In a computer modeling study published in The Lancet Diabetes & Endocrinology, results showed that those who are obese may lose up to eight years of their life span. But that is only part of the picture.
The other, more compelling result is that patients who are very obese could lose almost two decades of healthy living. According to the researchers, this means you may have diseases such as diabetes and cardiovascular disease.
However, even those patients who were obese and those who were overweight could have reductions in life span, up to six years and three years, respectively.
This study evaluated 3,992 adults between ages 20 and 79, and looked at participants who went on to develop diabetes and cardiovascular disease. Though this is not a clinical trial, the results are eye-opening, with the youngest and very obese negatively impacted the most.
Since it is very difficult to “cure” cancer, it is important to reduce modifiable risk factors. The American Society of Clinical Oncologists (ASCO), in a position paper, supported the idea that it is important to treat obesity in the fight against cancer.
The authors indicate obesity may make the prognosis worse, may hinder the delivery of therapies to treat cancer, and may increase the risk of malignancy.
Also, possibly reinforcing ASCO’s stance, a study suggested that upward of a half-million cases of cancer worldwide were related to being overweight or obese, with the overwhelming concentration in North America and Europe.
A potential counterweight to both the reductions in life quality and life expectancy may be a Mediterranean-type diet. In a published analysis of the Nurses’ Health Study, results show that the Mediterranean diet helped slow shortening of the telomeres.
Repeat sequences of DNA found at the end of chromosomes, telomeres shorten with age; the shorter the telomere, the shorter life expectancy.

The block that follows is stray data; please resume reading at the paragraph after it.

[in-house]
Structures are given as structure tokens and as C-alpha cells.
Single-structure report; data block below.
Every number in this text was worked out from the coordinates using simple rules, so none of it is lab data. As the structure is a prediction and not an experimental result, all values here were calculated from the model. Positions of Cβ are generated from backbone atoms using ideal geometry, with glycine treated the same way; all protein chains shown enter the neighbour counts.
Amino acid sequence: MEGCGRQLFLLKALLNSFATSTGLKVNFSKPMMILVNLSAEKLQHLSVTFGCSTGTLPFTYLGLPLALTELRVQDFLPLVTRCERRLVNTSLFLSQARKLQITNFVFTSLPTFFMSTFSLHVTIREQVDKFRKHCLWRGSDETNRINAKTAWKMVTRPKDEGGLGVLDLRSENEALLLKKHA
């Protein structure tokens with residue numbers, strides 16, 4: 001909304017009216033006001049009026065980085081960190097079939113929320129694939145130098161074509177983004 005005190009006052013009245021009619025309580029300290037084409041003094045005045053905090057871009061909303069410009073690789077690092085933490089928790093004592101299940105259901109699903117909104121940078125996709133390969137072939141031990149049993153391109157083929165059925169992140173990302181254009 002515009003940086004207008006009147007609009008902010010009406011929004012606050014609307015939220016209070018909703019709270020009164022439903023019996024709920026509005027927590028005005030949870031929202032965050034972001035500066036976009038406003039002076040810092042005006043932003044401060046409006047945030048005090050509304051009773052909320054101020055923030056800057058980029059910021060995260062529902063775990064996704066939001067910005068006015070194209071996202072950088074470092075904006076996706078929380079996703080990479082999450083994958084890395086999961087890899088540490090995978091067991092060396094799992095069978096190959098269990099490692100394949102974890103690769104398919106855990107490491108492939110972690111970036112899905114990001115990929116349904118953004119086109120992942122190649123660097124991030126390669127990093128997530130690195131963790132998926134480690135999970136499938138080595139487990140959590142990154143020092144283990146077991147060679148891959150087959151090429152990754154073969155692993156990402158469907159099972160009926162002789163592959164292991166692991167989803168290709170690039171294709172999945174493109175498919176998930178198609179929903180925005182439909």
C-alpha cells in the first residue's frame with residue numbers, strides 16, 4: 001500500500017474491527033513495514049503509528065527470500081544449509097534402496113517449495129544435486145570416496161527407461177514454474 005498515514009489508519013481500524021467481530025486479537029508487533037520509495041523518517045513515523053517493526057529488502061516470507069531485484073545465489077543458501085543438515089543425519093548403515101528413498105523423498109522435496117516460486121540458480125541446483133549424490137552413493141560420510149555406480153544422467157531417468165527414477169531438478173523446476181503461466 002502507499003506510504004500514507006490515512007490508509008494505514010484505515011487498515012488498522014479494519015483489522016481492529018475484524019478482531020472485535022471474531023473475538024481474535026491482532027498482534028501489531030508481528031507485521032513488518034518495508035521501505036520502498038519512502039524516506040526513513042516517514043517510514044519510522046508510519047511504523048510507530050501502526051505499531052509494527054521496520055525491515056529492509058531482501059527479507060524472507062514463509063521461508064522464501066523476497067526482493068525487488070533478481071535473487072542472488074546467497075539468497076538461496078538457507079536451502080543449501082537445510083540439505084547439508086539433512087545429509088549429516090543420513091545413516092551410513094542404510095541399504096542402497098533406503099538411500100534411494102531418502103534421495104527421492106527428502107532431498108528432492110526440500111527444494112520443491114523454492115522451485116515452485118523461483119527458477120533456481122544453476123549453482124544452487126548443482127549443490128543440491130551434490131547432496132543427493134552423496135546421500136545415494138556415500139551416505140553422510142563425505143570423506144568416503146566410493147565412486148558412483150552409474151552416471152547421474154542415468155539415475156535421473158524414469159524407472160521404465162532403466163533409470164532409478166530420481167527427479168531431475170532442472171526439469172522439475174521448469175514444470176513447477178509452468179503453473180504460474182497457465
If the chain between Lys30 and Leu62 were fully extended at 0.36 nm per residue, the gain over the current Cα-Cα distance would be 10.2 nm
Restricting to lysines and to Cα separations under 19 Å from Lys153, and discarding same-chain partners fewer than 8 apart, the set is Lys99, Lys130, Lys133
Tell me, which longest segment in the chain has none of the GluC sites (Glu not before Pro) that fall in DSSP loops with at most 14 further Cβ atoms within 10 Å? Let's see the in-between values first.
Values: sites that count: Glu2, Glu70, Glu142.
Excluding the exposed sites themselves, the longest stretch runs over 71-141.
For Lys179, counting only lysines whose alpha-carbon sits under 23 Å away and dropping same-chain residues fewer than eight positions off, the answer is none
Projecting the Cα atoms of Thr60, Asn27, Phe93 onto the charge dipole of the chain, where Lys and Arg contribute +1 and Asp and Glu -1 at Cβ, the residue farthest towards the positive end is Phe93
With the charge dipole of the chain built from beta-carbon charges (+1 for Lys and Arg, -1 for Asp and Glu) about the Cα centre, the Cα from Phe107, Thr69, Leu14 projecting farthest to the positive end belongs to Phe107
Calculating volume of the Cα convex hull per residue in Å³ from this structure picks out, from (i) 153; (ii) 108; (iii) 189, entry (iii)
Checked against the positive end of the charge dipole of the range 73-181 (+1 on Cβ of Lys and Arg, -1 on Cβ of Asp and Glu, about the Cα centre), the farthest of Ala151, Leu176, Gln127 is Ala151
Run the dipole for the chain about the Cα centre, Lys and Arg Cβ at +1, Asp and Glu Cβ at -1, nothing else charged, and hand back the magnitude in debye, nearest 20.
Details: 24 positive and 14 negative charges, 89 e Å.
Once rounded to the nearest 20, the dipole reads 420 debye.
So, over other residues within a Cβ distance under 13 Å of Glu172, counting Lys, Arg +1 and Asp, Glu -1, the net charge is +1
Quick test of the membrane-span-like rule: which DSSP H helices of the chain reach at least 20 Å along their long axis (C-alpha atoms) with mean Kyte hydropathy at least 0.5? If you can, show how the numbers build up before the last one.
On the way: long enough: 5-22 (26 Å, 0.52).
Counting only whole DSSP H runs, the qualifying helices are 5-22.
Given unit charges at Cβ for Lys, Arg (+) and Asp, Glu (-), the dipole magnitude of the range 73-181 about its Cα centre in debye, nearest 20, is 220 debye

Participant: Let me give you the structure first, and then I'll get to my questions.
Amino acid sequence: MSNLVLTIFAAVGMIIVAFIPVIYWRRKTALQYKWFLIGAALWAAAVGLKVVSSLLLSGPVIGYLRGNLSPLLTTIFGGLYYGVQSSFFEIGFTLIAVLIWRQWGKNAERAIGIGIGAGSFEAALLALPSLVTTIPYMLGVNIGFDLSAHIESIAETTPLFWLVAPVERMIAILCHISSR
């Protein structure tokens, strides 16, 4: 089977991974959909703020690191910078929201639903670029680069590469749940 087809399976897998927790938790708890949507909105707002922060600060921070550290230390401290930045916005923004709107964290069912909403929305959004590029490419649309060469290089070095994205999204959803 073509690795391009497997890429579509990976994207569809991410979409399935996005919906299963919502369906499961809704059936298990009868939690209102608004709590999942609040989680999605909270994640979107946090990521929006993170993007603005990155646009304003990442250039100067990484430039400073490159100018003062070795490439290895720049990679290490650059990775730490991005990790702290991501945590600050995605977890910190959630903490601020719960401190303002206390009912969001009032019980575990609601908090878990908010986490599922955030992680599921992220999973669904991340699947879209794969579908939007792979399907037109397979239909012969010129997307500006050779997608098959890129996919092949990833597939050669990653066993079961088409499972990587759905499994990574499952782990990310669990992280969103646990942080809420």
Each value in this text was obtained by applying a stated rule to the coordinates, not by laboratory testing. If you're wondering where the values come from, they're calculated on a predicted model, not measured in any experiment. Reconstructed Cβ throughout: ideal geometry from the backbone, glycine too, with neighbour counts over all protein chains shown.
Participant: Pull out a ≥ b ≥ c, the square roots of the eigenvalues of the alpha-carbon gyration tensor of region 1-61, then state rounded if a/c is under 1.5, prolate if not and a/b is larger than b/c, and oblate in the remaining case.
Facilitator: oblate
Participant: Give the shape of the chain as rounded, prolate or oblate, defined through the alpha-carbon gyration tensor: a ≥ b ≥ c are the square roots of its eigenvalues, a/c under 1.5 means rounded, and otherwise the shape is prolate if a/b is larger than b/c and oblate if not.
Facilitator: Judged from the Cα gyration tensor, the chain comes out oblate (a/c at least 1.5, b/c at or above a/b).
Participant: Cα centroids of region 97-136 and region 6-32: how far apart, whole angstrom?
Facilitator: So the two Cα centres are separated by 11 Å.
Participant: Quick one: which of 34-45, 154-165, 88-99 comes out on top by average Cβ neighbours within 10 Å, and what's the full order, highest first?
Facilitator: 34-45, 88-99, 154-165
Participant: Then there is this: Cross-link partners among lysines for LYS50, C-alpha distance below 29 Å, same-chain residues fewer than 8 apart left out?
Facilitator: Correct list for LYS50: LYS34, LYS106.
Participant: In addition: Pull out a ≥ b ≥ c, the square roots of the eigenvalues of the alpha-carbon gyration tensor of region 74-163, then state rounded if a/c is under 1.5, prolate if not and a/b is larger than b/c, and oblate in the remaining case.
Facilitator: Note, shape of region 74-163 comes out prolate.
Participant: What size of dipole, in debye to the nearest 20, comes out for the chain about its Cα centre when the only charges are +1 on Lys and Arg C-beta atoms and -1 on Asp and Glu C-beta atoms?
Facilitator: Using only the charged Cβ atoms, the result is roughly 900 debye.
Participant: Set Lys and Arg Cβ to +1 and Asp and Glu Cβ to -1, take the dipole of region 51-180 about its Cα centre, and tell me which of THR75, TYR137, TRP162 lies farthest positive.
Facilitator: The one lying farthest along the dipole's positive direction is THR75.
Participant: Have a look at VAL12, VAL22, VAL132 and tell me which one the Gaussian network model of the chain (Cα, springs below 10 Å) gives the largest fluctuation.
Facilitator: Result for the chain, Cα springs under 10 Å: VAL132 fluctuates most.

Thus, the Mediterranean-type diet may decrease occurrence of chronic diseases, increase life span and decrease premature mortality — countering the effects of obesity.
Interestingly, the greater the adherence to the diet, rated on a scale of 0 to 9, the better the effect. Those who had an increase in adherence by three points saw a corresponding decrease in telomere aging by 4.5 years. There were 4,676 middle-aged women involved in this analysis. The researchers believe that the anti-inflammatory and antioxidant effects could be responsible for the diet’s effects.
According to an accompanying editorial, no individual component of the diet was identified as having beneficial effects by itself, so it may be the diet as a whole that is important.
There are easy-to-use distraction tactics to reduce food cravings. These include tapping your foot on the floor, staring at a blank wall and alternating tapping your index finger against your forehead and your ear.
The forehead and ear tapping technique was most effective, although probably most embarrassing in public.
Among mental techniques, seeing pictures of foods that were unhealthy and focusing on their long-term detriments to health had the most impact. These short-term distractors were done for 30 seconds at a time. The results showed that they decreased food cravings in obese patients.
Obesity can have devastating effects, from potentially inducing cancer or worsening it, to shortening life expectancy and substantially decreasing quality of life.
Fortunately, specific lifestyle modifications may help treat obesity. The Mediterranean diet as a whole may be an effective step. As we mentioned, there are simple techniques that may help reduce short-term food cravings.
For further information, visit medicalcompassmd.com or consult your personal physician.